With a ceremony rich in artistic expression, Naropa University inaugurated Chuck Lief as the president of the university on February 16, 2013 at Nalanda Events Center, with close to three hundred in attendance. Even before the ceremony began, artistic offerings surrounded the guests as they entered through a hallway adorned with colorful banners and wafting juniper smoke of the Lhasang, as distant music slowly grew louder and clearer. At the end of the hallway, guests encountered an art installation by longtime Naropa Visual Arts faculty member Cynthia Moku.
The percussive bells of Denver-based Gamelan Tunas Mekar orchestra invoked feelings of uplifted excitement and celebration, as well as expressing Lief 's strong connection to the island of Bali. As is tradition, a procession of Naropa staff, faculty, and trustees entered with bagpipe music, which was provided by Chris Doyle. The ceremony then continued with the traditional Balinese music of Gamelan Tunas Mekar, accompanied by Balinese dancers adorned in peacock-like headdresses and skirts. Religious Studies Professor Emeritus and Naropa's second World Wisdom Chair Rabbi Zalman Schachter-Shalomi, "Reb Zalman," offered the invocation, followed by Master of Ceremonies and Transpersonal Counseling Psychology Professor Michael Franklin, who reminded us of the importance of artistic practice. Franklin asserted that "the arts keep us honest" and are the most accurate expression of human emotion, enabling us to simultaneously lose and find ourselves.
Distinguished Professor of Poetics Anne Waldman offered the poem "Generatively Speaking, Looking into the Darkness of One's Own Time" with characteristic fervor. Following Anne, Performing Arts Center Technical Coordinator Shevek Majors-Peer and BFA in Performance student Marcella de la Paz performed "Home" by Edward Sharpe & the Magnetic Zeros.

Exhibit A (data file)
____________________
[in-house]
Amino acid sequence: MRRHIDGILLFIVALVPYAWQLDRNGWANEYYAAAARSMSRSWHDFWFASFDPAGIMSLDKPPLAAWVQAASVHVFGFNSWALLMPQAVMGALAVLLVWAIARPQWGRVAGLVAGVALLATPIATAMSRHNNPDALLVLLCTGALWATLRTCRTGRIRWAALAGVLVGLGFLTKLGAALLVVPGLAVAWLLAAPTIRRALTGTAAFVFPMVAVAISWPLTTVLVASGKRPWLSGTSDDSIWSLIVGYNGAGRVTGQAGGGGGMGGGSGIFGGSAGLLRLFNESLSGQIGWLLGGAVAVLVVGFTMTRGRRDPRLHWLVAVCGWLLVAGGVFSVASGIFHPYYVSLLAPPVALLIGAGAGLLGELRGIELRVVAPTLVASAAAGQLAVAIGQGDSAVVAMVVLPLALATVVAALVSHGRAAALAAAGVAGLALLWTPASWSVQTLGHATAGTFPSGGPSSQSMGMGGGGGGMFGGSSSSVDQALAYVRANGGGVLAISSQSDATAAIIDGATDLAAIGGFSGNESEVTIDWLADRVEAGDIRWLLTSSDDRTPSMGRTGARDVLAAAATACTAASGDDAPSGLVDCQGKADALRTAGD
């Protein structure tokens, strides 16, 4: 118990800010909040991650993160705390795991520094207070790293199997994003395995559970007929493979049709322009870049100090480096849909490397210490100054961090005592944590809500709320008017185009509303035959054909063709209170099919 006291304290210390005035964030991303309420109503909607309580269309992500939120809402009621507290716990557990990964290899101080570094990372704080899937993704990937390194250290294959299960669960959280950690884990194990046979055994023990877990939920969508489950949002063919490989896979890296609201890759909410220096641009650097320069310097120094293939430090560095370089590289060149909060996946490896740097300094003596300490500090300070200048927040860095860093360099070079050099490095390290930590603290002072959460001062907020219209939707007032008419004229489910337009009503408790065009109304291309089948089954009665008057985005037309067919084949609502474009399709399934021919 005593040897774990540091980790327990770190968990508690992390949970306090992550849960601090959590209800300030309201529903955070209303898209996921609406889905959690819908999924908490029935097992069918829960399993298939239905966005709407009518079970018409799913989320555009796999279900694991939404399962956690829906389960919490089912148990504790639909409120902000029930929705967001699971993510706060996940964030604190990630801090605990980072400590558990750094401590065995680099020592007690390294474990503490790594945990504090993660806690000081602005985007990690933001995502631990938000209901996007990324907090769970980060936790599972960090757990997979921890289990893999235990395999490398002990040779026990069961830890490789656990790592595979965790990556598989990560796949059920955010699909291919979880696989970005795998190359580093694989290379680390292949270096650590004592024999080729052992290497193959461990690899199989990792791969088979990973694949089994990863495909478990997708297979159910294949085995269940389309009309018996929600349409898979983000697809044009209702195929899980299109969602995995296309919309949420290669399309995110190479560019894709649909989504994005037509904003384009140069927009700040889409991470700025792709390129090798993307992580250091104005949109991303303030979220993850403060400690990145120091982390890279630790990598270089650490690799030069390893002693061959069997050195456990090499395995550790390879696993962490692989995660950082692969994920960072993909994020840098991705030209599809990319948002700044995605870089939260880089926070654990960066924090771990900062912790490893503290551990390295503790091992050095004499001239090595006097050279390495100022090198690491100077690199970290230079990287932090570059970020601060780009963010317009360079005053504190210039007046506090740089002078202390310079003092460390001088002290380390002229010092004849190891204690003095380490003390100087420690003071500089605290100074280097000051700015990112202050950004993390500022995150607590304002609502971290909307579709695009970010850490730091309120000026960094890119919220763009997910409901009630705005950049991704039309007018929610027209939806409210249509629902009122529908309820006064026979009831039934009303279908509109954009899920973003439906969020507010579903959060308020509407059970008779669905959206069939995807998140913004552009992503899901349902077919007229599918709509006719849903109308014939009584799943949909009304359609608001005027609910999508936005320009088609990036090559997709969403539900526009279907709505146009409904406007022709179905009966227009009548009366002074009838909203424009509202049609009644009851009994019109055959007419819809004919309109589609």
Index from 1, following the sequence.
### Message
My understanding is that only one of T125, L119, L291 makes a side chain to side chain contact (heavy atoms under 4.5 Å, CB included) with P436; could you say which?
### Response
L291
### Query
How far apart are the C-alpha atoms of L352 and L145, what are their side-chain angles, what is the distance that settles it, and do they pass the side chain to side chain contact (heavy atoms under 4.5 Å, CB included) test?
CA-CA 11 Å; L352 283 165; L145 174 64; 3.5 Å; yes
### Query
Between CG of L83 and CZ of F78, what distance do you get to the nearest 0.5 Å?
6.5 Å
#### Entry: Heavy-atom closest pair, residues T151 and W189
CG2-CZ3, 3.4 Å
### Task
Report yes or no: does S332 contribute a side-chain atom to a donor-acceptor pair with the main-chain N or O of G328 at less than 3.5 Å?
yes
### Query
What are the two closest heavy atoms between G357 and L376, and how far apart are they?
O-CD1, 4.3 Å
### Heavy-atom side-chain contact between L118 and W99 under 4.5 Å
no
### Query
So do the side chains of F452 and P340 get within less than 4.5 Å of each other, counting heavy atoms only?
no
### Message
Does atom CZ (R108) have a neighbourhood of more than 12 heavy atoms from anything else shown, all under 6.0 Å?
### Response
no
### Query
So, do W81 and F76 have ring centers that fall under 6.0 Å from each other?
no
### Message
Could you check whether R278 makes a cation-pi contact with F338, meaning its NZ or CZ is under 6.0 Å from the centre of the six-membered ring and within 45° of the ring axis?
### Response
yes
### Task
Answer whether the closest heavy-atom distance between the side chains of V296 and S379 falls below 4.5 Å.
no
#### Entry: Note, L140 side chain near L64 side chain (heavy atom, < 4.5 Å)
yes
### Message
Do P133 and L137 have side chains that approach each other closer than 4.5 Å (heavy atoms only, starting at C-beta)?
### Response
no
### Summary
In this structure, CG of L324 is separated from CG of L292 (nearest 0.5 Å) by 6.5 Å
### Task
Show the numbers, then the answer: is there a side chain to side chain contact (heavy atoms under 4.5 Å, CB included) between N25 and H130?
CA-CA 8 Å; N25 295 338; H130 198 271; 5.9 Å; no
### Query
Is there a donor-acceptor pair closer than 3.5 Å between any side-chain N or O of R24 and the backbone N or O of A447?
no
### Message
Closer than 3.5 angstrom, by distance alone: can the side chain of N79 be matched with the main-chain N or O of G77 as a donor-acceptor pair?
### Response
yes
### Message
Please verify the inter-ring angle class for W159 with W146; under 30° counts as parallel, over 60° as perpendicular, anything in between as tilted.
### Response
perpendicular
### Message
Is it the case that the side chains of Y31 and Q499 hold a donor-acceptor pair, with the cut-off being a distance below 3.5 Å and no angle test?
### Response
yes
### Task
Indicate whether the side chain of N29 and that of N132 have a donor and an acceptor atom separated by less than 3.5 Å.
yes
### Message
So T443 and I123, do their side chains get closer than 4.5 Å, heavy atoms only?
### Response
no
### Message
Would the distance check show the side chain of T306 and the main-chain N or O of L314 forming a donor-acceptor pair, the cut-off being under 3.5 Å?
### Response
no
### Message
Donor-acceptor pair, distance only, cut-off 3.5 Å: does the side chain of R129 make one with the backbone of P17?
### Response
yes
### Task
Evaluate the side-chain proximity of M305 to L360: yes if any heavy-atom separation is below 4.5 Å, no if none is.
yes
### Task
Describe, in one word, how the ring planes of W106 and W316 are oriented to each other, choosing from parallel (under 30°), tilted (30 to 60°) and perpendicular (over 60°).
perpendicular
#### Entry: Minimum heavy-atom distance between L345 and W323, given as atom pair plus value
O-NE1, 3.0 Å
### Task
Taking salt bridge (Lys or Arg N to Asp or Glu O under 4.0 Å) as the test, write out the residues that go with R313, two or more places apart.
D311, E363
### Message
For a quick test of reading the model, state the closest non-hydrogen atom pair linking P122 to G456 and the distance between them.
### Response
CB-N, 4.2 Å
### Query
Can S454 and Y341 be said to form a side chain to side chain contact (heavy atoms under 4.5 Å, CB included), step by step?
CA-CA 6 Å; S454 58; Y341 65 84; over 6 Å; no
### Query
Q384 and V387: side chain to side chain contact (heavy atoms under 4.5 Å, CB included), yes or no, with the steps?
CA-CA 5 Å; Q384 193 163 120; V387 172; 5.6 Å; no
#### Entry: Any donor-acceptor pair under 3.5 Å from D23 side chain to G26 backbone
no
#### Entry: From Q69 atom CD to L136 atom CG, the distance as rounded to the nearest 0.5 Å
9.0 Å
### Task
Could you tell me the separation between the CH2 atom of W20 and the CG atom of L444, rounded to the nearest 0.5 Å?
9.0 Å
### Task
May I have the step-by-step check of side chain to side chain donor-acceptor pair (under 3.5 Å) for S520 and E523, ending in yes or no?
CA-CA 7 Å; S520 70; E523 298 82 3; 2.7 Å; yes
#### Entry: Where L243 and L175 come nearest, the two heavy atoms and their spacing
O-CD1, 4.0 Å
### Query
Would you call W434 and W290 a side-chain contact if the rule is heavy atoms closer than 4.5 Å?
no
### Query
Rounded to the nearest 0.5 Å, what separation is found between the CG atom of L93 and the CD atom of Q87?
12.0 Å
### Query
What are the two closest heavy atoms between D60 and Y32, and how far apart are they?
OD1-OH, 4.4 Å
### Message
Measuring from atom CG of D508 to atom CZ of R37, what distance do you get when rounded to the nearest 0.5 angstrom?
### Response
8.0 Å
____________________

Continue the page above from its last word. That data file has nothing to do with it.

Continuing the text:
The inaugural ceremony continued with Jerry Colonna, Naropa board chair, presenting the sash of office to Chuck Lief, followed by the taking of the oath, led by board of trustees founding member and Lief 's friend of forty-five years, Martin Janowitz. Lief then made a creative offering of his own, executing the calligraphy stroke of Ashe, a ceremonial brush stroke that ignites confidence and draws down the blessings of Naropa's lineage.
Symbolizing the joining of heaven, earth, and humanity, the stroke represents the commitment to bring forth a harmonious and just society. Sakyong Jamgön Mipham Rinpoche, Naropa's lineage holder, offered the lineage blessing via video, emphasizing Naropa's relevance in today's world in terms of social engagement. In his inaugural address, President Lief acknowledged Naropa's deep, inseparable connection to its lineage, encouraging us to stop and reflect on what has worked well over the last forty years, as well as how we can grow and improve our influence in the world. Lief expressed his commitment to educating students who will transform the world, emphasizing the need to weave community outreach into the fabric of Naropa and to become an institution where sustainability is a spiritual value underpinning all of our endeavors.
Another musical interlude featured the Naropa Chorus, accompanied by Music faculty members Paul Fowler and Bill Douglas, who performed the "Karmapa Song." Interdisciplinary Studies faculty Father Alan Hartway offered the benediction, reminding us that the true mark of a good leader is basic goodness, the willingness to open and expose one's heart to others. In his closing remarks, Michael Franklin concluded with an invitation to usher in Naropa's waiting potential, encouraging students, faculty, alumni, and friends to reframe challenges as opportunities to clear what blocks us.